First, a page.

The European Commission has published Europeana—Next Steps.
Here's an excerpt:
Europeana—Europe's online library, museum and archive—opened in November 2008 as part of the Commission's digital libraries initiative, aiming to make Europe's cultural and scientific heritage accessible to all on the internet. The European Parliament and the Council have highlighted the importance of Europeana both as a showcase of the cultural heritage of the Member States on the internet and to provide access for everyone to that heritage. At the same time they have underlined the economic potential of making our cultural treasures available online as a source for creativity and new products and services in areas such as tourism and learning.
This document looks ahead to the next phase of development of Europeana and its orientation for the future. It sets out the main challenges for the coming years in relation to 1) enriching Europeana’s content with both public domain and in copyright material of the highest quality and relevance to users, and 2) a sustainable financing and governance model. The objective is to ensure that Europeana and the underlying policies for digitisation, online accessibility and digital preservation give European culture a lasting visibility on the internet and turn our common and diverse heritage into an integral part of Europe's information infrastructure for the future.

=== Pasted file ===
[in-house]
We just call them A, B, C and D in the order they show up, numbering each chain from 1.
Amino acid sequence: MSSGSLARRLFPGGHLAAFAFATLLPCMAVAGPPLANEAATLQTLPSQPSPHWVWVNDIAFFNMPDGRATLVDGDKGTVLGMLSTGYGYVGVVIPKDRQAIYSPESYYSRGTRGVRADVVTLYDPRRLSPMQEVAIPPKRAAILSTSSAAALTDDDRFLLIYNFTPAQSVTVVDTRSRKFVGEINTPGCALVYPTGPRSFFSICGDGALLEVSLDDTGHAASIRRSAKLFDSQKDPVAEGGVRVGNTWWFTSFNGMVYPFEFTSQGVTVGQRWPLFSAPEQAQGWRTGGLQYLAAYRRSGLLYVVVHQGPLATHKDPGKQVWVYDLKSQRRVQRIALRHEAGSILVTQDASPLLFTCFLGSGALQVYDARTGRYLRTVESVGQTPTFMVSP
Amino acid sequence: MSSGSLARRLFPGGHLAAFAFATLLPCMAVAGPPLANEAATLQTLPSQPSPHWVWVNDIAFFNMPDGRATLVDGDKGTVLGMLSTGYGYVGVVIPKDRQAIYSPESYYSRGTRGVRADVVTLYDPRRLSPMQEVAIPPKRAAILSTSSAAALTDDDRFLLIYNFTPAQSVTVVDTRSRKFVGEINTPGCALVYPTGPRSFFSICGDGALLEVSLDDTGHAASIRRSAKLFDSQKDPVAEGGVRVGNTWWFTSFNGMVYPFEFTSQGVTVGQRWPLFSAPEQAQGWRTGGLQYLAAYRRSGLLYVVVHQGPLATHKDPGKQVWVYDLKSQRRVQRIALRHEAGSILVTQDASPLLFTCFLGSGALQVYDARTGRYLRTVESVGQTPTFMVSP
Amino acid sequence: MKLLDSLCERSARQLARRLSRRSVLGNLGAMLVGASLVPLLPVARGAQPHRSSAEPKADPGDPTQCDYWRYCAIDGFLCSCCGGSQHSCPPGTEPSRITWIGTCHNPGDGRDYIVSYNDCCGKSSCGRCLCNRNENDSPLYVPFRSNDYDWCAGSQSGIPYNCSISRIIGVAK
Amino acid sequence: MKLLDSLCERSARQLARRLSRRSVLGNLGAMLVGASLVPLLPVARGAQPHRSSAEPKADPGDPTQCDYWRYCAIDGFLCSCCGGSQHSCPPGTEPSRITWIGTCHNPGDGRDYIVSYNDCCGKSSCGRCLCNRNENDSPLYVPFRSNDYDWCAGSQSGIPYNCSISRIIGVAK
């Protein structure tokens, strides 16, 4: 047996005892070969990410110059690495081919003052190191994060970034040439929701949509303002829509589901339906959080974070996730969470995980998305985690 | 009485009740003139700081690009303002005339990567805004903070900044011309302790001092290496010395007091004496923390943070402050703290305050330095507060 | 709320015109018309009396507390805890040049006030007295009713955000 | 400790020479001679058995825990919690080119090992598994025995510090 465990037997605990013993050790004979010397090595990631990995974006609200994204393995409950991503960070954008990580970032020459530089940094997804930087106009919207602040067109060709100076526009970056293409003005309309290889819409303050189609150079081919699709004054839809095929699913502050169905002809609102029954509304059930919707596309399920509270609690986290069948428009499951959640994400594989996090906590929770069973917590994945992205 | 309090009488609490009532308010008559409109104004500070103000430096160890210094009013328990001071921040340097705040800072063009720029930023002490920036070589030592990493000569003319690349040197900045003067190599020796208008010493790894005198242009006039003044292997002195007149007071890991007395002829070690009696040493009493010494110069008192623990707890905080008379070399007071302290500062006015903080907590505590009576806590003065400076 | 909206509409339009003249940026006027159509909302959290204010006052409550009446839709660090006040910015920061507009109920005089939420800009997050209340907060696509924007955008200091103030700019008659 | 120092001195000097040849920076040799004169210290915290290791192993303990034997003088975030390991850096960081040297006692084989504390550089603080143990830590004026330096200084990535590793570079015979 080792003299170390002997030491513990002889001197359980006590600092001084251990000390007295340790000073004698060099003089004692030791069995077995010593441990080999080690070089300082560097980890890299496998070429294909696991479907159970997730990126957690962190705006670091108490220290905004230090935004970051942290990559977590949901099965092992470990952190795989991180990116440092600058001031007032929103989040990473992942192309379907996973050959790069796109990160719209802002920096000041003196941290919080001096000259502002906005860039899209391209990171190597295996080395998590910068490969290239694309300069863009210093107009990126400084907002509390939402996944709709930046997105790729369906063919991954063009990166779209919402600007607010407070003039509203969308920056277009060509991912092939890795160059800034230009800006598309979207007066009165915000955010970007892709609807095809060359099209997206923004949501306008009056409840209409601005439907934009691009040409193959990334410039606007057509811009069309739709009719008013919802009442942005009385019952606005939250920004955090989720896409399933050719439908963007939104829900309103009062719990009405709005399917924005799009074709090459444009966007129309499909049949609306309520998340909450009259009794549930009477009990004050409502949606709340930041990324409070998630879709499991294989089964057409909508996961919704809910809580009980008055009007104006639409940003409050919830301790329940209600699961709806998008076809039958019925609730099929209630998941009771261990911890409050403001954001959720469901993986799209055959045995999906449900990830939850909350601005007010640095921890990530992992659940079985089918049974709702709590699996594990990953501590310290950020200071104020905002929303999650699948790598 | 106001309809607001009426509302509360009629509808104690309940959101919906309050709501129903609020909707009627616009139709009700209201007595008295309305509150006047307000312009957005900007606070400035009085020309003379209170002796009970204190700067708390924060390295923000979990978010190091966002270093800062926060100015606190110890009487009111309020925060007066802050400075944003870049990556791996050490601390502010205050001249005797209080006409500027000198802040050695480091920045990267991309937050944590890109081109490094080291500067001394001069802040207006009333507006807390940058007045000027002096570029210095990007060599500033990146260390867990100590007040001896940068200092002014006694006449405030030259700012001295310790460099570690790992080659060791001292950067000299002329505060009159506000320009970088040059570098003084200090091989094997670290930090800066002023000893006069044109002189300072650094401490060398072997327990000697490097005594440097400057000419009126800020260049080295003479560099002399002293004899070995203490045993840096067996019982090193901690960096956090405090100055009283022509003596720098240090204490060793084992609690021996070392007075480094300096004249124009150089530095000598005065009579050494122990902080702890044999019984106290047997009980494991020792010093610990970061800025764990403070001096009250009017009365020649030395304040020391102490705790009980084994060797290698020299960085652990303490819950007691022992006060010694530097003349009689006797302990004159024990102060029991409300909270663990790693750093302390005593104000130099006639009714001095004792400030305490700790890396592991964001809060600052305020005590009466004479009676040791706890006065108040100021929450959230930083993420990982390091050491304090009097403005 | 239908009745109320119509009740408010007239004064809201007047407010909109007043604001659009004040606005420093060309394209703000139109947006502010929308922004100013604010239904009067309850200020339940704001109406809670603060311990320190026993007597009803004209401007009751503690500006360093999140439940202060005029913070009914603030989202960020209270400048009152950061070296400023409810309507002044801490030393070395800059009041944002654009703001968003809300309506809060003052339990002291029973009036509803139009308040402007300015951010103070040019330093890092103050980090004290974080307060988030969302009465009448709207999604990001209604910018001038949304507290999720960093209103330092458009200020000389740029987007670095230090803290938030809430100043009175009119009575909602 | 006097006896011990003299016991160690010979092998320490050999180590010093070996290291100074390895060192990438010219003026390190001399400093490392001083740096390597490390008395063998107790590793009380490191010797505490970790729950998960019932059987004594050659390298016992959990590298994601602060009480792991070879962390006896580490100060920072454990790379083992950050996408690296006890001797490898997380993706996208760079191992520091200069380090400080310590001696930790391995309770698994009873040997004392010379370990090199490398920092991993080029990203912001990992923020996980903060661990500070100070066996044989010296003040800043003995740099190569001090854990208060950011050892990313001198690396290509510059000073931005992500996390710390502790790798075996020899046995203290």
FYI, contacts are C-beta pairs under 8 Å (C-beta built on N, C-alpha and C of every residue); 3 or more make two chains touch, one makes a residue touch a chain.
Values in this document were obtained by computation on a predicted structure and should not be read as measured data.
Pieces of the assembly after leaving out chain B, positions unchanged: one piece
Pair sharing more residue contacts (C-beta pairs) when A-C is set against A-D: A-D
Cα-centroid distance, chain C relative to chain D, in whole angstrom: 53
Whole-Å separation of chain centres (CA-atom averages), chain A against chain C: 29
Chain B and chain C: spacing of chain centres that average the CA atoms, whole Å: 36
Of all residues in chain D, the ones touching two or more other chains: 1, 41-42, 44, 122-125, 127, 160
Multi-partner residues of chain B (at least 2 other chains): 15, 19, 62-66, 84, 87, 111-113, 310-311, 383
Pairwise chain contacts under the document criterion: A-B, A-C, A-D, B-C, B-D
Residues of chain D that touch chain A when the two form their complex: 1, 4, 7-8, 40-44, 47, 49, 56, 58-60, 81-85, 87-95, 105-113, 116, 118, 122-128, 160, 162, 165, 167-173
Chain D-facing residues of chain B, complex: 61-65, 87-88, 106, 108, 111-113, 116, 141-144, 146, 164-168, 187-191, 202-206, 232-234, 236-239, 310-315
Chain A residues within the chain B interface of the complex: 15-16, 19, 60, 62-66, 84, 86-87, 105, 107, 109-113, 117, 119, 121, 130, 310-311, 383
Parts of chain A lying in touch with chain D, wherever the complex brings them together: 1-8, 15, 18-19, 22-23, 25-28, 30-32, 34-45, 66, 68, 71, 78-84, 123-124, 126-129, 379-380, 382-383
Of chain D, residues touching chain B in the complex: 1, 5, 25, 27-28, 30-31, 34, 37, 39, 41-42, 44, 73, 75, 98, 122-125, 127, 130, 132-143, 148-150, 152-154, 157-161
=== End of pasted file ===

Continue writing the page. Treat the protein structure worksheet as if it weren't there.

In order to gather input on the best way to achieve this objective, the Commission is launching a consultation on the basis of a series of questions that can be found in the staff working paper accompanying this Communication. Interested parties are invited to submit their comments on any or all of the questions by 15 November 2009.
Read more about it at "EU Divided over Google Books"; "EU Urges Google, Libraries to Cooperate to Put Books On-line"; "Europe's Digital Library Doubles in Size but also Shows EU's Lack of Common Web Copyright Solution"; and "Europe's Digital Library: Frequently Asked Questions."